On his 18th birthday in November, the staff took him to get his ID.
He allows himself a smile. “C. B. Community helps with our needs better. It’s a smaller school,” he said. As far as he’s concerned, “this is probably the best school in Philly.”
“Getting into arguments” with a brother.
“My mom died when I was 9; my dad died when I was 10,” said Amun Jones-Bey, now 18.
After that, he was living with a brother who was in his 20s and attending Sankofa charter school, but the situation wasn’t ideal. The two moved around a lot, first to West Philadelphia, where he attended John Barry Elementary, then to North Philadelphia, where he attended Thurgood Marshall Elementary.
He and his brother “started getting into arguments. One day, I said I didn’t want to be there anymore,” he said. “DHS got involved and took me away.”
He was placed in a group home, and there he met Sloan Carter, who is C.B. Community’s director of student services and all-around house parent.
This is his third year at C.B. Community, and he hopes to graduate in June.
Self-effacing, with a shy smile, Jones-Bey explains how, since starting at C.B. Community, he has moved from a group home to a shelter to a foster home, then back to another group home. It was a difficult odyssey, filled with tension and rejection.
“I met the foster parents and I went to live with them for the whole summer, but that didn’t work out,” he said. “I wasn’t used to living with another family at the time.”
One day, he overheard the foster parents talking. “They were saying how they were thinking they should never have got me.” He left. It was his birthday.
Through all this, he had the school to go to for support. “I went to the group home,” he said. “They worked with me all day, way past school hours. They were here all night to help me get into the group home I’m in now. I like it there.”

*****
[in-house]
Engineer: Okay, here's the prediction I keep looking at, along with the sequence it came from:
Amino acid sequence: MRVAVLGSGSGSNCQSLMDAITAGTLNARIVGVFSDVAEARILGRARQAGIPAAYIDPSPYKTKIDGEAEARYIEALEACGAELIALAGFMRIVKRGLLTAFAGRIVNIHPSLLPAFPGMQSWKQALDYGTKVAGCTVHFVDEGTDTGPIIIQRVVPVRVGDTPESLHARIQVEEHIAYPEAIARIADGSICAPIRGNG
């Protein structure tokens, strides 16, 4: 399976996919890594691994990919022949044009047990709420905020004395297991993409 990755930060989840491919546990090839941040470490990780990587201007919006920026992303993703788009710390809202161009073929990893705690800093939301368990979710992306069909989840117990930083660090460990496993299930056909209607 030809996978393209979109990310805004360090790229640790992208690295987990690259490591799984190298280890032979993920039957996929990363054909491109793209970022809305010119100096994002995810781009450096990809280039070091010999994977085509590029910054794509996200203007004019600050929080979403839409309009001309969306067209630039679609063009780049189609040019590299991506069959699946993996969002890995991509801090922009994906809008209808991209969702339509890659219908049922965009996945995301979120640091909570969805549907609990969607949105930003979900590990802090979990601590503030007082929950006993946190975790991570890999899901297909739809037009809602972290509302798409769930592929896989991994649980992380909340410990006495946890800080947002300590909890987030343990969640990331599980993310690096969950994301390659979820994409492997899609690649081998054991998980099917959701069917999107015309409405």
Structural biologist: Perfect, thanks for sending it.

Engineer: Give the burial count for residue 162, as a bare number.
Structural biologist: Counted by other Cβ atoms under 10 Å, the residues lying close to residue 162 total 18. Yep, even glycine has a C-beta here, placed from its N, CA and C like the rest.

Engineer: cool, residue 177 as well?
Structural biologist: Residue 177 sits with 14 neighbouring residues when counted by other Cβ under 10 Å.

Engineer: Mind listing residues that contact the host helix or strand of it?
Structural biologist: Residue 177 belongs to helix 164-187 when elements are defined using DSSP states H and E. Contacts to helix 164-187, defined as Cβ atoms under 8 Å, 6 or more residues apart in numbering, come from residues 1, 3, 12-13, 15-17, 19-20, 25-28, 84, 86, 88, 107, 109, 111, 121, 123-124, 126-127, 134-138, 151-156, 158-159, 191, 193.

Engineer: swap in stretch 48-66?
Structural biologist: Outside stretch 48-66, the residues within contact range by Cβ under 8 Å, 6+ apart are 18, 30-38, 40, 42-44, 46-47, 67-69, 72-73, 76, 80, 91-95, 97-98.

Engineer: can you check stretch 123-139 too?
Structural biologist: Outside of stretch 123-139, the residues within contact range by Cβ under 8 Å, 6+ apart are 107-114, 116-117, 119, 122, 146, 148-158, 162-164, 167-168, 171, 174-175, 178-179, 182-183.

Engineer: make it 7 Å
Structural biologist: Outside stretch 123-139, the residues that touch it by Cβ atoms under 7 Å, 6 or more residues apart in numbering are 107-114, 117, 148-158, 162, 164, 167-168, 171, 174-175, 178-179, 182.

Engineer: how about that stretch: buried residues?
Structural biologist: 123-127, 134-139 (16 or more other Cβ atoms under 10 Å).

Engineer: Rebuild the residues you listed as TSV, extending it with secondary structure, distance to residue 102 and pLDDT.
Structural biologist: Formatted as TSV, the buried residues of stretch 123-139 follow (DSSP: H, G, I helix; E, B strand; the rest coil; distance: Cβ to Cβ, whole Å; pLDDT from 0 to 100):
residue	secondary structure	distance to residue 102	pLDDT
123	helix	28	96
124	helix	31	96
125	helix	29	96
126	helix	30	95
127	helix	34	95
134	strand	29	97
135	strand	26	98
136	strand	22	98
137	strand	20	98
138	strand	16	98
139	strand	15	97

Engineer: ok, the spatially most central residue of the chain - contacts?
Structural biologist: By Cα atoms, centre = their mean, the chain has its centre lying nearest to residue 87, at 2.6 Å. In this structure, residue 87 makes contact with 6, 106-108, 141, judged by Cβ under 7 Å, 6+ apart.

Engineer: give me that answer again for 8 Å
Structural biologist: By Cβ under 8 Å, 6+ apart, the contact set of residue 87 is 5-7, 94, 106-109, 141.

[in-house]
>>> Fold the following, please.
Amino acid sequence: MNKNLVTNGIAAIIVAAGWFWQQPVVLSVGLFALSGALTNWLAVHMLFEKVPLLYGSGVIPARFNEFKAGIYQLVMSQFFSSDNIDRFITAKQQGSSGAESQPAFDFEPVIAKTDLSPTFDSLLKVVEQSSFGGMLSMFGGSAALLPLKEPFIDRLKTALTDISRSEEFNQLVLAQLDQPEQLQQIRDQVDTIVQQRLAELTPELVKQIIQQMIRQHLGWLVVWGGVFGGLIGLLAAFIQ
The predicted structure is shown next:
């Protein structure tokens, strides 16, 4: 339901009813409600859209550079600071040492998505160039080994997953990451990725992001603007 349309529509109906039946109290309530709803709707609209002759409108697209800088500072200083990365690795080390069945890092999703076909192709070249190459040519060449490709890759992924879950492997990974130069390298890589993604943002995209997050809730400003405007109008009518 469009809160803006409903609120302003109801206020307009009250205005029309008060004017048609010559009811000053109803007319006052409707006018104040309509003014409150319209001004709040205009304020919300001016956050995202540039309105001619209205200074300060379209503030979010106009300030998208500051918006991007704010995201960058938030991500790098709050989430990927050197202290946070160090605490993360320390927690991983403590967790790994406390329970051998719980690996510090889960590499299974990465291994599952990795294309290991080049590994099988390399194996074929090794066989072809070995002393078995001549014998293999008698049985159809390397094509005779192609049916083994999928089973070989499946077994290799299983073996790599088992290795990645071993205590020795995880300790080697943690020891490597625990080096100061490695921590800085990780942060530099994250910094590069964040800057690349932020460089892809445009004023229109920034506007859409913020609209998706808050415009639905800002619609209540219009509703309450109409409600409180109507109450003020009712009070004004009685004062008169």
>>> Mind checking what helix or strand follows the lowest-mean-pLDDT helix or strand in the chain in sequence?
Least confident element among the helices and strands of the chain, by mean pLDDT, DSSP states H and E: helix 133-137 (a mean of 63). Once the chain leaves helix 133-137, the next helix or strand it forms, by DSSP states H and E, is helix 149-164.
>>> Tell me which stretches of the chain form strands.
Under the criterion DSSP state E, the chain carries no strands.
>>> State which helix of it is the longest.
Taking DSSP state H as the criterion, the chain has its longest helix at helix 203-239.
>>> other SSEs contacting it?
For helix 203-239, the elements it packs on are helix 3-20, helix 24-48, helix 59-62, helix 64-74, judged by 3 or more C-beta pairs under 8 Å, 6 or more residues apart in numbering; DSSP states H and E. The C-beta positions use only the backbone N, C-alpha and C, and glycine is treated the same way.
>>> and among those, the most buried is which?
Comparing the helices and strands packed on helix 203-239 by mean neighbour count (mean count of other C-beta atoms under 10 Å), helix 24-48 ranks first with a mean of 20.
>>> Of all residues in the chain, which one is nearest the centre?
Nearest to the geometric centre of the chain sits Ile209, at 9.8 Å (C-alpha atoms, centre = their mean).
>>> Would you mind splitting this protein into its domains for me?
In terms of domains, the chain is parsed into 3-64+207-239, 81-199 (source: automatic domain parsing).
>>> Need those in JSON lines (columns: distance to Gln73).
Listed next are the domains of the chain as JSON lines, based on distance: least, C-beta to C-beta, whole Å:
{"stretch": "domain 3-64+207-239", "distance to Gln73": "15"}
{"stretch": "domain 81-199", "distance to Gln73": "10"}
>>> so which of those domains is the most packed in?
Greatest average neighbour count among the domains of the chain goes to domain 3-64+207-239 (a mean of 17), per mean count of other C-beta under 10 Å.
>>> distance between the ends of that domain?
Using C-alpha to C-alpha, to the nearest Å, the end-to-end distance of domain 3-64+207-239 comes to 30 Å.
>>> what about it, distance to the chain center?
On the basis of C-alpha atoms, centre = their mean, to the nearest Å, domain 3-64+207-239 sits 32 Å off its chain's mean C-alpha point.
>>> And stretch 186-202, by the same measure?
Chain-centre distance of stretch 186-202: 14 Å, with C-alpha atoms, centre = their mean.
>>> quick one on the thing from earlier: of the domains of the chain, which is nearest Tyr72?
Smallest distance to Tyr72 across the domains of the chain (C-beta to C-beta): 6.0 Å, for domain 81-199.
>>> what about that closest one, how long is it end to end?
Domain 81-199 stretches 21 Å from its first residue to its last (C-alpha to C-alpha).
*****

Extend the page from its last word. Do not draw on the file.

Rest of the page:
The school also helped him finally get needed surgery on his hip over the summer.
C.B. Community has a student-run custodial business to clean up the school, and Jones-Bey is its longest-serving employee.
With counselor Megan Hannah, he is considering his college options, which include Drexel University and Cabrini University. He wants to be a nurse. If that doesn’t work out, he might try criminal justice. He has a 3.6 GPA.
“I’m not a survivor on the streets.”
At age 19, Naikeia Jennings is a mother of two. A runaway at age 15, she has been at C.B. Community since it opened and attended Arise Academy before that.
Reflecting on her life, she called herself “boy-crazy” and “sneaky.” Her mom had lots of boyfriends; her father was in and out of jail and had “tons of kids.” She and her sister felt like “we don’t have nobody.”
She moved in with a grandmother, a “lovely person who treated us as her own.” But a lot of people were living in the house. “She had food, but not always enough.”
Jennings ran away because “I met supposedly the love of my life, and I wanted to do everything I could to keep us together.” But, as she put it, “I’m not a survivor on the streets,” and when he left her, “I was very scared. I turned myself in.”
She gave birth to her son in a group home. Her first foster home “was kind of OK,” and she was placed in Beeber Middle School, although she had virtually no school records. They were planning to send her to Overbrook High, but “a lot of bad things happened, and I decided I didn’t want to go there.” Her foster parent found Sloan Carter, C.B. Community’s director of student services, and “she told me about this school and how great it was.”
It was having children, she said, that turned her into a student. Her son is nearly 4, and her daughter is almost 1.
“I wasn’t really a big learner. I changed a lot since I had kids,” she said. “They put the thought in my head, ‘You got kids, you got to get right into your work.’”
Jennings now lives in a foster home in Germantown that she likes. Her children are in subsidized day care when she is in school. She still has a lot of work to do to graduate.
“I missed out on my 9th-grade year. I kept leaving school; my mind wasn’t focused,” she said. She thinks she may be able to graduate by December 2018. She takes a class for students who want to go into health care. She aspires to be an oncologist “and help people with cancer.” First stop on the college journey will likely be Community College of Philadelphia.
“Without this school, I really think I’d be a dropout,” she said. “I’ve seen a lot of schools that didn’t have patience for kids. When I leave here, I really hope that I continue moving forward and being successful in my life.”